The following materials were used to plan this IAP course in January 2017.
We were sponsored by GitHub Education with free private repos.
For the course we created a single repo and gave every student access to it. We populated it with simple html templates and folders for each student and group. The single repo of 2016 IAP provides additional archived information for the workshop in 2016.
In general, every one to two students need an arduino, a small breadboard, some jumper wires, an LED, a resistor, and a push button. With those supplies the students can learn all about the Arduino programming environment, the concept of circuits, and mircocontrollers as voltage senders and checkers. On top of that it is nice to have a collection of different input and output sensors so students can form small groups to explore other components beyond buttons and LEDs. Then groups will select their own components to be ordered for their projects depending on the budget you have.
Each new year, we need to replenish our supply of hardware before the start of class.
Kyle first sent out an email to all the instructors:
“Here is the list of supplies that we need to restock for the Arduino class, Amazon/Ebay/Microcenter links appreciated for me to order things (easy tax free orders for me). We should try to keep this under $1000. Also, feel free to add things if there is something else you think of.
- jumper wires with cute end caps
- 10–20 breadboards (medium)
- labeled resistors, variety pack + a bunch for LEDs (100–200 ohm)
- 30 USB 2.0 type-A cables
- 15–20 Arduino boards
- 5–10 multimeters
- servos (general supply for curious students)
- buzzers (general supply for curious students)
- 2 sunfounder sensor kits.”
Then we all collaborated on a shared online spreadsheet to add supplies and links.
Hardware for Student Projects
Hardware ordering. Student teams filled in a shared online spreadsheet for all the parts they wanted us to order over the weekend.
We setup a mailing list for the course and signed up students for the list. This allowed us to communicate to the class as a whole, and allowed students to communicate with each other during the course.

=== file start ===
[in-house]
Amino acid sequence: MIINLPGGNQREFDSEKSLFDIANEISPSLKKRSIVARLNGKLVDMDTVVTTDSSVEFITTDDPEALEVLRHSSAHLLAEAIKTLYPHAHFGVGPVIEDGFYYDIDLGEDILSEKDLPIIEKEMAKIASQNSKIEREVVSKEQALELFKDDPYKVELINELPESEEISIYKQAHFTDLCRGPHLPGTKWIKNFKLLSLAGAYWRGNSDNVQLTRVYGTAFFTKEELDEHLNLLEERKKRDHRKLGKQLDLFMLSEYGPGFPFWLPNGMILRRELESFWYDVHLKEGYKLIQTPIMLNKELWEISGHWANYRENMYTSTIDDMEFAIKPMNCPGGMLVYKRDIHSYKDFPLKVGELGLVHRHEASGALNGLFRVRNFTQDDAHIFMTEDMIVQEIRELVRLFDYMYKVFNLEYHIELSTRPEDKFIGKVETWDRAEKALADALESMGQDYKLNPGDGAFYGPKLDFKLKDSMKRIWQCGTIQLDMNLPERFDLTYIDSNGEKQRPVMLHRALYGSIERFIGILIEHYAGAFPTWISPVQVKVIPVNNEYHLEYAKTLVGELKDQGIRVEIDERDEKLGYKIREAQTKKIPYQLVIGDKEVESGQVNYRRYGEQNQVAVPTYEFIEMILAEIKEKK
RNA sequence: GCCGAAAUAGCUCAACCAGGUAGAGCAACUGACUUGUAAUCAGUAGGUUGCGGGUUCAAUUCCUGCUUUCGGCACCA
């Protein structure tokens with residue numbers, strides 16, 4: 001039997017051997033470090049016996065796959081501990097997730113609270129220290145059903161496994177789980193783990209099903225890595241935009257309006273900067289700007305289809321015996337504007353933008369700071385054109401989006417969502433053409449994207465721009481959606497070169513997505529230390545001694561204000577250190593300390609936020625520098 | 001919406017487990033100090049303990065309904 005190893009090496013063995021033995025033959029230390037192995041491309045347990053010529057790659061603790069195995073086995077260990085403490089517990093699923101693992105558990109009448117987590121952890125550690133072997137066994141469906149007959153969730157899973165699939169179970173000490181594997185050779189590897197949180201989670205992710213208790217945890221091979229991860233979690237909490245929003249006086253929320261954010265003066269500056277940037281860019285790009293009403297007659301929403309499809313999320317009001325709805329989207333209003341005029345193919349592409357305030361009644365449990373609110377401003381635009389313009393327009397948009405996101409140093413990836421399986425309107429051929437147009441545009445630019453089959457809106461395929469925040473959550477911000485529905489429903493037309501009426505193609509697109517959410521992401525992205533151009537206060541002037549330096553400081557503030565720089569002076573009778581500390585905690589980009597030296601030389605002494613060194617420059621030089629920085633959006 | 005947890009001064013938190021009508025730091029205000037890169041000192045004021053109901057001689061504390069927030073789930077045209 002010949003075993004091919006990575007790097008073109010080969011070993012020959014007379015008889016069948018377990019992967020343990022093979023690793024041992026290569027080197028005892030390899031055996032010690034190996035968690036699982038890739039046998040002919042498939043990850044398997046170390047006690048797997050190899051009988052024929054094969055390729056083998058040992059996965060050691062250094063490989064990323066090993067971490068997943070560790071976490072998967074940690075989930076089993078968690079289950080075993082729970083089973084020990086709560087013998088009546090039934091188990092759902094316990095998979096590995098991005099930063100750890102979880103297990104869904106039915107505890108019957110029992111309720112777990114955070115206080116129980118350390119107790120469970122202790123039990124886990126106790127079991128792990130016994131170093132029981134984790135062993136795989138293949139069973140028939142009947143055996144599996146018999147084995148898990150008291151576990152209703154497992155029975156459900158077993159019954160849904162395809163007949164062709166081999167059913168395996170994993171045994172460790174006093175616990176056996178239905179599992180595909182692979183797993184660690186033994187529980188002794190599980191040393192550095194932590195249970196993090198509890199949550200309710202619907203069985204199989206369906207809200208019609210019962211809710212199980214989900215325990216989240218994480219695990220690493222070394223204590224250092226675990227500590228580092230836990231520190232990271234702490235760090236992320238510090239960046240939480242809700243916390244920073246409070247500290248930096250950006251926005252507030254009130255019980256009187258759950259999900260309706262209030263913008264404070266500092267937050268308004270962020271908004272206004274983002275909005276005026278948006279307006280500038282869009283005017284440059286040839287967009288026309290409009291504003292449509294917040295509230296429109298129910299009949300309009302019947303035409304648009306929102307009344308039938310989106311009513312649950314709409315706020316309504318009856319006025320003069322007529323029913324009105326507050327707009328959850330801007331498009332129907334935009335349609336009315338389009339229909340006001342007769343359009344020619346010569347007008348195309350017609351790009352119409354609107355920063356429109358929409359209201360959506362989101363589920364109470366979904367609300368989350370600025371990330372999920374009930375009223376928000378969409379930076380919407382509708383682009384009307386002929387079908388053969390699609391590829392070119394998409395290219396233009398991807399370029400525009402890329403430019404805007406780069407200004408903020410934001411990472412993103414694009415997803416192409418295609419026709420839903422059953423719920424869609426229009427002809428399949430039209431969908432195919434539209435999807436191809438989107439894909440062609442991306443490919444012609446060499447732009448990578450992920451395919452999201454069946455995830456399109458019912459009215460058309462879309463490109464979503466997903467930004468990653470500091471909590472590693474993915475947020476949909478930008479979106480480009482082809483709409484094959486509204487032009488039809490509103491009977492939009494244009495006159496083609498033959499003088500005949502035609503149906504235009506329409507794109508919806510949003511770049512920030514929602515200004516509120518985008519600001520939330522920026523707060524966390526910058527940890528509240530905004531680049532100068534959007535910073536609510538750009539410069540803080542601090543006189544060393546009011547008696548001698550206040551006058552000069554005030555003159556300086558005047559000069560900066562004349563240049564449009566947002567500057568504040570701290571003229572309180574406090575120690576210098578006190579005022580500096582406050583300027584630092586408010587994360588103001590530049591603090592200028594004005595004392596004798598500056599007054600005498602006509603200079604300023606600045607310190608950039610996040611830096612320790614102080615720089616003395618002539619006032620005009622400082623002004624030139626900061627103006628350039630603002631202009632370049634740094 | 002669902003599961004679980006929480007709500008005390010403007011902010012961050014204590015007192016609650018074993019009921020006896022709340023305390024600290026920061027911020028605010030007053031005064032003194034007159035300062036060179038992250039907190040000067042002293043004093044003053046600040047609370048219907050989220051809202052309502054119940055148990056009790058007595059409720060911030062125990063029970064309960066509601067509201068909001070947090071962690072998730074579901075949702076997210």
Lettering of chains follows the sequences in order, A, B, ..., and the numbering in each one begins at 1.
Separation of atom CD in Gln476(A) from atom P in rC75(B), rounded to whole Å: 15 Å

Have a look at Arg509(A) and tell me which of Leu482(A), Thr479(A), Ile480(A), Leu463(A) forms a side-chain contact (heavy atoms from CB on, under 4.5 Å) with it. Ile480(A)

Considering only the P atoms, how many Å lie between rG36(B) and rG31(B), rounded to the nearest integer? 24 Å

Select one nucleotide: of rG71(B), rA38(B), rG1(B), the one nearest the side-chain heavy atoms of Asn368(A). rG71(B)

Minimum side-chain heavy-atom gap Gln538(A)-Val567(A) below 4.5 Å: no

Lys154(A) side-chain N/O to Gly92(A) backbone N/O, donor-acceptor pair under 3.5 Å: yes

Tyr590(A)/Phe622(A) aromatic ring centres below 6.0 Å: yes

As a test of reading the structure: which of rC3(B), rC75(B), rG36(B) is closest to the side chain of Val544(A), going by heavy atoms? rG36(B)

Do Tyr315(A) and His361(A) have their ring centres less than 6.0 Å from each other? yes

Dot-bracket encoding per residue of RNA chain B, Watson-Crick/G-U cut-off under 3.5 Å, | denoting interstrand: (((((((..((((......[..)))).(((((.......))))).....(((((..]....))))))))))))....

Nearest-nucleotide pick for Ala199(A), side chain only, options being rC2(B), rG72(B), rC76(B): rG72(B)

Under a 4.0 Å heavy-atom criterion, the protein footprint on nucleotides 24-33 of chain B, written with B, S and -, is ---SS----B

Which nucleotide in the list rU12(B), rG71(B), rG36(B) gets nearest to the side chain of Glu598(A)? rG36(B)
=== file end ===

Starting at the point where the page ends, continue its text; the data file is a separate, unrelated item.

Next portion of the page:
“Just confirming that you are enrolled in the IAP course collaborative design with Arduino class for IAP. (You can unsubscribe yourself from this list if you can no longer participate).”
A Few Days Before the Class
“This is the email list for our IAP collaborative design with Arduino class.
We are looking forward to meeting everyone.
Before arriving on the first day please download and install the Arduino IDE on the laptop computer you will be using for the class.
We will do a brief intro to Github as one option for collaborating with others on your projects, so please also download the GitHub client and setup a github account if you do not already have one.
We will walk you through an introductory Arduino tutorial about building a digitally-controlled flashlight the first few days, then you will break out into teams for a small two day project meant to help you learn through collaboration. We’ll present the course outline in more detail during the first day.”
“Please add a new tab for your team and add links to all of your parts to a shared online spreadsheet.
You can order from either Amazon or Microcenter (in stock in Boston/Cambridge in Massachusetts, USA only).
Your budget is $40/person. So a larger team has a larger budget. You can also share parts between teams if you have to buy more than you need.
Also, please add all of your Arduino code for the mini-projects to your team folder on GitHub.
Feel free to document your circuits using Fritzing, and/or photograph your breadboard.
And upload to Github.”
After Short Project
“If you borrowed equipment and brought anything home with you from the class, then please return it before Friday. We use this equipment to teach other free workshops through the year for college, high school, middle school, and elementary school students. We run these workshops on a very small budget and will not be able to replace all the fundamental equipment like sensors, breadboards, and arduinos if they are not returned after each workshop. Please allow us to continue running workshops by returning anything that you borrow from the class.”
We published links to our online registration forms on our marketing posters and the IAP courses website. This allowed us to get an accurate count of students and get their email addresses for the mailing list.
Below provides a summary of the information collected from the online registration forms:
- How much previous experience do you have with Arduino programming?
- I have no previous experience (70%)
- I have built projects with a team (21%)
- I have built projects on my own (8%)
- I am experienced and can help others (1%)
- How much previous experience do you have with computer programming?
- I have no previous experience (18%)
- I have done some online courses (23%)
- I have completed class projects with guidance (47%)
- I have coded a complete project without guidance (12%)
- How much previous experience do you have with electronics?
- I have no previous experience (20%)
- I have learned about resistors,batteries, and simple circuits (40%)
- I have constructed simple circuitsusing wires and breadboards (30%)
- I have used advance components like shift registers and op-amps (10%)
- How did you hear about the session?
- Browsing the IAP website
- A SUTD representative told me
- A friend told me
- I saw a poster on campus
- What is your status
- Undergraduate student (52%)
- Graduate student (32%)
- Faculty (3%)
- Staff (3%)
- Other (10%)